In all the years I've reported on Memphis politics, I'm convinced only Jack Sammons could rightfully hold the title of "The Natural." His energetic personality, his still-boyish charm, even at age 59, and his infectious belief that Memphis can still be that "shining city on a hill" are all undeniable.
So, why am I not enthusiastic over the possibility the ubiquitous businessman, former councilman, and current Memphis and Shelby County Airport Authority Board chairman could become this city's next chief administrative officer (CAO)? I'll tell you why, and it has nothing to do with the amiable Sammons on a personal or professional basis.
Just as teams recycle grizzled baseball managers and football coaches, we in Memphis continue to recycle the same people through the meat grinder of government. In a city of more than 640,000 people, in a county of just under 1 million people, how is it that our pool of the brightest and most innovative minds is somehow limited to the same patronage stream that has been fished in for decades?
I've often been asked, "Why don't more good people step up to the plate when it comes to engaging in public service?" My usual reply is a sad rhetorical question: Why should they?
From what I've observed, most people who run for office or seek appointment come in with idealism. They start out truly believing that their determination and desire to serve their constituents will bring about meaningful change and right long-standing injustices. Some, like former councilman and now 29th District Tennessee state Senator Lee Harris, defiantly weathered the hypocrisy. He fought for the people of his district even when he didn't win, against forces that were entrenched in self-serving agendas and political grandstanding. I also see that quiet determination to earnestly serve the public in interim Councilman Berlin Boyd. Both these men are fighting the idea that Memphis government doesn't have to be trapped in the same stale ideologies of the past. But, these young, bright minds are sadly the exception, and not the rule, when it comes to those participating in Memphis government.
So it was with some consternation that I reported on the details of Jack Sammons probable return to city government. Regardless of what Mayor A C Wharton has said, this is a political appointment. Long ago, Wharton separated himself from the have-nots of this community. It's not about initiating programs to help. It's about what's left of his desire, spirit, and will to carry out these programs to bring about positive change. I truly believe his tank is nearly running on empty in all those categories.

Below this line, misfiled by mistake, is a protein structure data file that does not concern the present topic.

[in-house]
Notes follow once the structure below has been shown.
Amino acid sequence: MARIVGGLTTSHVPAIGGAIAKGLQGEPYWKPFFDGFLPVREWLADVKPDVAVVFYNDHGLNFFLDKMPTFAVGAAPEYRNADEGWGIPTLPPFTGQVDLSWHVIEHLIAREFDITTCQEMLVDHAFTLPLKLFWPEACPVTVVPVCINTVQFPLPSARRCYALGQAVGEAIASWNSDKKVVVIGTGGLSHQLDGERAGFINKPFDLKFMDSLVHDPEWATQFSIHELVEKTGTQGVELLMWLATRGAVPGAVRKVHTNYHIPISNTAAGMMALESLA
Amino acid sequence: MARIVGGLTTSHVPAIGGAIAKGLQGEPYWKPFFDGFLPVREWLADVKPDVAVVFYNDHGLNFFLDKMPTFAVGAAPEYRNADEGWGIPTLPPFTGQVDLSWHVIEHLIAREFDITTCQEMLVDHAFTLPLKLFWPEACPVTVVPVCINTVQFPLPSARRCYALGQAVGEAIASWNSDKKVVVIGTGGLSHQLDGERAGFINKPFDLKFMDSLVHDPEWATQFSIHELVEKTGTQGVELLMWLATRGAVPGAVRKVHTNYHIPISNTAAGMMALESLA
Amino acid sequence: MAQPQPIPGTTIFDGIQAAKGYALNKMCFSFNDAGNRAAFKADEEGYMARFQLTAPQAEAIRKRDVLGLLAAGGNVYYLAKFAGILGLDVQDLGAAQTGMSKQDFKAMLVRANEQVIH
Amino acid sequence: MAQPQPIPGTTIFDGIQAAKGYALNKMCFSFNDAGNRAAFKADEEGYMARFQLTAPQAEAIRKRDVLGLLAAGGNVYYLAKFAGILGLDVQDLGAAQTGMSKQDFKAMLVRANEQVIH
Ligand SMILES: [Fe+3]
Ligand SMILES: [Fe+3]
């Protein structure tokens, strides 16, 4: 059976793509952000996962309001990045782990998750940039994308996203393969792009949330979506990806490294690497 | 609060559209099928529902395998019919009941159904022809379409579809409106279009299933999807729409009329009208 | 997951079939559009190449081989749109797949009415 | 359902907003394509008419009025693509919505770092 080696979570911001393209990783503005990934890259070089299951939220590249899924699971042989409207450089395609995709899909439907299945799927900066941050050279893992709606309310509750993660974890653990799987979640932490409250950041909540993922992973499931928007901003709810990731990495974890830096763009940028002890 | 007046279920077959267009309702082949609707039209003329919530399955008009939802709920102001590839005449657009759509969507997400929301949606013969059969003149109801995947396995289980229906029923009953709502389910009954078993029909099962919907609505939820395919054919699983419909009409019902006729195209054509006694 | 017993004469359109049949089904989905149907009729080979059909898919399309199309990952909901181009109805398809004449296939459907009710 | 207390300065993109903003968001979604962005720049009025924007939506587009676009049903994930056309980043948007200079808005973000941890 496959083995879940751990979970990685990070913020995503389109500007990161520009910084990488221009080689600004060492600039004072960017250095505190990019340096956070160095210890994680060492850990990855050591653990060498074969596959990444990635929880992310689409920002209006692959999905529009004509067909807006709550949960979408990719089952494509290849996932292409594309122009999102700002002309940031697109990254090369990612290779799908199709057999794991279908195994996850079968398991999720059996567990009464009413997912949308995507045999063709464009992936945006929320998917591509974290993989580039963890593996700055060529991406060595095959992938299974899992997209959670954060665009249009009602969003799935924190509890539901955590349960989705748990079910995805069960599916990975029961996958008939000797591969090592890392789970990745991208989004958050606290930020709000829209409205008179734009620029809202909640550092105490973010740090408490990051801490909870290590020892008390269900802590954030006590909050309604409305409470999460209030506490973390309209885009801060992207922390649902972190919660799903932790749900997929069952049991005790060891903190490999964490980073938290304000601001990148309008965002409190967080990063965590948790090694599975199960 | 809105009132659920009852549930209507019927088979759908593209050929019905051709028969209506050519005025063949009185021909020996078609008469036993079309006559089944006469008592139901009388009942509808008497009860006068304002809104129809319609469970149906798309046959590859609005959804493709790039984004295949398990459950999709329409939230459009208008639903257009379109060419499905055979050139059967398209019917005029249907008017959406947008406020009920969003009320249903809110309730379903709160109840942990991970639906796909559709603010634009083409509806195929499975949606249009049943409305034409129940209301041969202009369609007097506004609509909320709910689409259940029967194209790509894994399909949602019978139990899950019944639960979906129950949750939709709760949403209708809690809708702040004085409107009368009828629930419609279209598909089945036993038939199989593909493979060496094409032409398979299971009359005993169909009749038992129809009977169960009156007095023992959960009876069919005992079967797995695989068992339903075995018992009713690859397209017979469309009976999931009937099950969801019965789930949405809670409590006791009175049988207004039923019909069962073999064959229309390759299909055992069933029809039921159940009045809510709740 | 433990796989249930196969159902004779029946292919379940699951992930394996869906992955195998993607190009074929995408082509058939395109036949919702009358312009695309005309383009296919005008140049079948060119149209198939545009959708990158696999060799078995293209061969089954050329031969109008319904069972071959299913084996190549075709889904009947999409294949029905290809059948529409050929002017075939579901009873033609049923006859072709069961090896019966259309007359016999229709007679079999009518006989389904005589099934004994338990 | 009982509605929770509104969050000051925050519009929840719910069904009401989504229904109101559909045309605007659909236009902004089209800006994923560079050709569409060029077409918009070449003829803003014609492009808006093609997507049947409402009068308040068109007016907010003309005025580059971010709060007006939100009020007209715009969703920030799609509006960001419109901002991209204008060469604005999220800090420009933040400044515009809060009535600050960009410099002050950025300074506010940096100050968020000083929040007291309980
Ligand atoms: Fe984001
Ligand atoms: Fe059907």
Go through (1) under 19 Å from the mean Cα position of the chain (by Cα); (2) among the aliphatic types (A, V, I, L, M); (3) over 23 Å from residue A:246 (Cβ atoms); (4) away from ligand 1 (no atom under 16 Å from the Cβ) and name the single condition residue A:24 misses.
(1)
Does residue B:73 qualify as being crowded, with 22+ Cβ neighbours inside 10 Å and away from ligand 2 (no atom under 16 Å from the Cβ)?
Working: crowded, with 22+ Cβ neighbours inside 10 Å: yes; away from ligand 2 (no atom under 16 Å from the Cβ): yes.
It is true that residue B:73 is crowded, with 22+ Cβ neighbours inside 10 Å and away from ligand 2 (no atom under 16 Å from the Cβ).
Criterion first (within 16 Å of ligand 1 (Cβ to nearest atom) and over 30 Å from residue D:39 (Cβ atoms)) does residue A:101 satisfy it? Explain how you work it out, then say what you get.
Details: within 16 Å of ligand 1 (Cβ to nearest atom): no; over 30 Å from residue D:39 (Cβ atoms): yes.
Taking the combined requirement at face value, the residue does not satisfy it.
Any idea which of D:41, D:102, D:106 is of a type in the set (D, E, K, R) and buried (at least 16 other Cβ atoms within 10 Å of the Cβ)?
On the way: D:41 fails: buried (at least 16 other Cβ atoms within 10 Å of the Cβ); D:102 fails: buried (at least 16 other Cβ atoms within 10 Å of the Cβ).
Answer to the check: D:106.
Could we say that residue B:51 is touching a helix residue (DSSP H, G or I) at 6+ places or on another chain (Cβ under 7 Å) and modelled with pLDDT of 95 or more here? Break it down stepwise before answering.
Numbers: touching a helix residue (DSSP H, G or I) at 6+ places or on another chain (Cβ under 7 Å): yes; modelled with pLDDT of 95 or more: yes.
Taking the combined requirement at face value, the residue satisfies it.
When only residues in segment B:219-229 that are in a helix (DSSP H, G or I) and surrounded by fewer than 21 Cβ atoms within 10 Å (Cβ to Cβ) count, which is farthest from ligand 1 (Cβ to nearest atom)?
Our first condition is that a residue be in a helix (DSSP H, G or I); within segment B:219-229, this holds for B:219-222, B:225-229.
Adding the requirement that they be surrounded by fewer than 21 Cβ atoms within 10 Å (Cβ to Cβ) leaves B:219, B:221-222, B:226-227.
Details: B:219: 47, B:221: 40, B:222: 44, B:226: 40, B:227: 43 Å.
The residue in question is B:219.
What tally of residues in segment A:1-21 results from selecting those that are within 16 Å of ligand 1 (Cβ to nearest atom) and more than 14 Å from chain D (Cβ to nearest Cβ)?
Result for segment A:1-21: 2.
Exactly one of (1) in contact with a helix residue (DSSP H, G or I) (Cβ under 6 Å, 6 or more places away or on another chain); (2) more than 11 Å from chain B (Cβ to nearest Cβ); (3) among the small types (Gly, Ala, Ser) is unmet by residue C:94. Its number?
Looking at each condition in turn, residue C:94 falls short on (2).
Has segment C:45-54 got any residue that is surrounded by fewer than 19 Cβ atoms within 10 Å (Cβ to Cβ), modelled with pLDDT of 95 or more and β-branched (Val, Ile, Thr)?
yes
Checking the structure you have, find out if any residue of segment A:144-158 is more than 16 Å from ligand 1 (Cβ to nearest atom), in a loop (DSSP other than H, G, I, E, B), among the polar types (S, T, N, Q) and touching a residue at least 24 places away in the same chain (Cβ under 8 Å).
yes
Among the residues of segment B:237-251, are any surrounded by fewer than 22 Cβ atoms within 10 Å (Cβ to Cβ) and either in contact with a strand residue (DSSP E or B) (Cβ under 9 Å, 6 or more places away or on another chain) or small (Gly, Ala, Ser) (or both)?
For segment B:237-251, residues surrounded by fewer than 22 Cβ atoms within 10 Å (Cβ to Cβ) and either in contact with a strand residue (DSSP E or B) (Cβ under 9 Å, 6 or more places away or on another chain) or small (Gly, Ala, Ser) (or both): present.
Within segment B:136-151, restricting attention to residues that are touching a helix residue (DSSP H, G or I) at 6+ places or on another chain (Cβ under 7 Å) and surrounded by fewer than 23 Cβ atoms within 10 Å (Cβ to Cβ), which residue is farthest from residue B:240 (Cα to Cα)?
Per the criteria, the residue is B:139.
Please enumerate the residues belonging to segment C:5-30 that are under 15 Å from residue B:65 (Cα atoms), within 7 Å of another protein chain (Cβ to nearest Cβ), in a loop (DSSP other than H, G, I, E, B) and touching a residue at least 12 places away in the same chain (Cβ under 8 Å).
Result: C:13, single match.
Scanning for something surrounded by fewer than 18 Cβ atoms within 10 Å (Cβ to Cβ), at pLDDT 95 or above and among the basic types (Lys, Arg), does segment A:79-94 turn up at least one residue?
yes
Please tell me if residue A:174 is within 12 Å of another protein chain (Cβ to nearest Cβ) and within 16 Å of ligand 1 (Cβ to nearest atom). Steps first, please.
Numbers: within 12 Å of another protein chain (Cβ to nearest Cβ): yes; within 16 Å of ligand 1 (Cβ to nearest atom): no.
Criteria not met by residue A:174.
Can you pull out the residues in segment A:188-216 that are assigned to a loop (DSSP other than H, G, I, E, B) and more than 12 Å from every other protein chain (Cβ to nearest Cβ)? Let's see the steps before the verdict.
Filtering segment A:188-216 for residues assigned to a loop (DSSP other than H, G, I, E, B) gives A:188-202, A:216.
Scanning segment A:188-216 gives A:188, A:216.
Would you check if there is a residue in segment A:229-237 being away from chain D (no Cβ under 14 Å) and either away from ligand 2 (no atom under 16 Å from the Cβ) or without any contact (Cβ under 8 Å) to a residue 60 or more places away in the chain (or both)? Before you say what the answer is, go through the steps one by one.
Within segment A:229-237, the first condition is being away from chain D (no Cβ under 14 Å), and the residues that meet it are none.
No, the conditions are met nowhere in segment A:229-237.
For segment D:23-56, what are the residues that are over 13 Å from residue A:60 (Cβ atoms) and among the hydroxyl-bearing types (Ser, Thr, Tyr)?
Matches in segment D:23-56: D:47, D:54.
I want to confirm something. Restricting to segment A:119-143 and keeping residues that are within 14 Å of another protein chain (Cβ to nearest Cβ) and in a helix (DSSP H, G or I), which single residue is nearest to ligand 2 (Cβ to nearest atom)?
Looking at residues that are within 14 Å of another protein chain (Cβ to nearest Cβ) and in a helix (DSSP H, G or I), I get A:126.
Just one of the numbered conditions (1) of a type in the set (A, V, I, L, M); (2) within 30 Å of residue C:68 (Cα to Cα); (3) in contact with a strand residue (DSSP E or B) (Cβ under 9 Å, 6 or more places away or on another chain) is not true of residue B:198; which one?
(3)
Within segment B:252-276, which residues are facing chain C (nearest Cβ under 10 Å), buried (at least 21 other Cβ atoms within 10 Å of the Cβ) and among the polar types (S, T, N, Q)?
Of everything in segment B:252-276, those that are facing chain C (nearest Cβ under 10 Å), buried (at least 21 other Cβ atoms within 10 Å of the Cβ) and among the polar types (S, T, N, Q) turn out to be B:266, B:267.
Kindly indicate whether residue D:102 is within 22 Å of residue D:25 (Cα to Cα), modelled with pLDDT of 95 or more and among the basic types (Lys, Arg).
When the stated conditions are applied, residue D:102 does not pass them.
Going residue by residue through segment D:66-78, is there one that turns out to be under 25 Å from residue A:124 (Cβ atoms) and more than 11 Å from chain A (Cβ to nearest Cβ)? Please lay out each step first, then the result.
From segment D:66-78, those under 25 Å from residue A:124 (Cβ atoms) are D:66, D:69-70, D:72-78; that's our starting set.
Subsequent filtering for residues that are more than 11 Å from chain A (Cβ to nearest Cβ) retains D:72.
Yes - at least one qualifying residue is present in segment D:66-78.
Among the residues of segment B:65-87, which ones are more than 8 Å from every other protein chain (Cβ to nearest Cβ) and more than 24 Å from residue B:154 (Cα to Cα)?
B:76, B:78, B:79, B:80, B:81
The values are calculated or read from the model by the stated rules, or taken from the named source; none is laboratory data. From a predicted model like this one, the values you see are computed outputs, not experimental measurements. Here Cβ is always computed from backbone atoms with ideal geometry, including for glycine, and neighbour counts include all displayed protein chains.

No further evidence has to be shown on that account other than his leaving out-going CAO George Little to twist slowly in the wind during the debates over pension and health-care reform for city employees. Wharton appeared content to let Little take the heat from the council and the public. If you're Jack Sammons, it should be a signal as to what you're getting yourself into.
If I were Sammons, I'd also ask myself why it's taken five years for Wharton to decide to appoint me as CAO, when I effectively served in the position for five months under interim Mayor Myron Lowery and was fired by Wharton in 2009.
Sammons has always had the ability to be a "fixer" in government, similar to the role Rick Masson played during the early years of the Willie Herenton administration. And, of course, it's going to take some legislative hoodoo to allow Sammons to retain his job as Airport Authority chairman while he serves as CAO. Tell me this doesn't smack of an old cigar-smoke-filled backroom deal.
Why do we continue to tolerate this blatant kind of political musical chairs? If Wharton truly believes the time has come to take this city in a different direction, why not find new faces with new ideas to get us there? Career bureaucrats, those who've been recycled because of their failure to meet the demands of their old jobs and political cronies need not apply. We need those people who are willing to put in the elbow grease to work for the good of the city they live in. We need to find the people who are "naturals" at what they do, and City Hall needs to give them their unmitigated support.
Les Smith is a reporter for WHBQ Fox-13.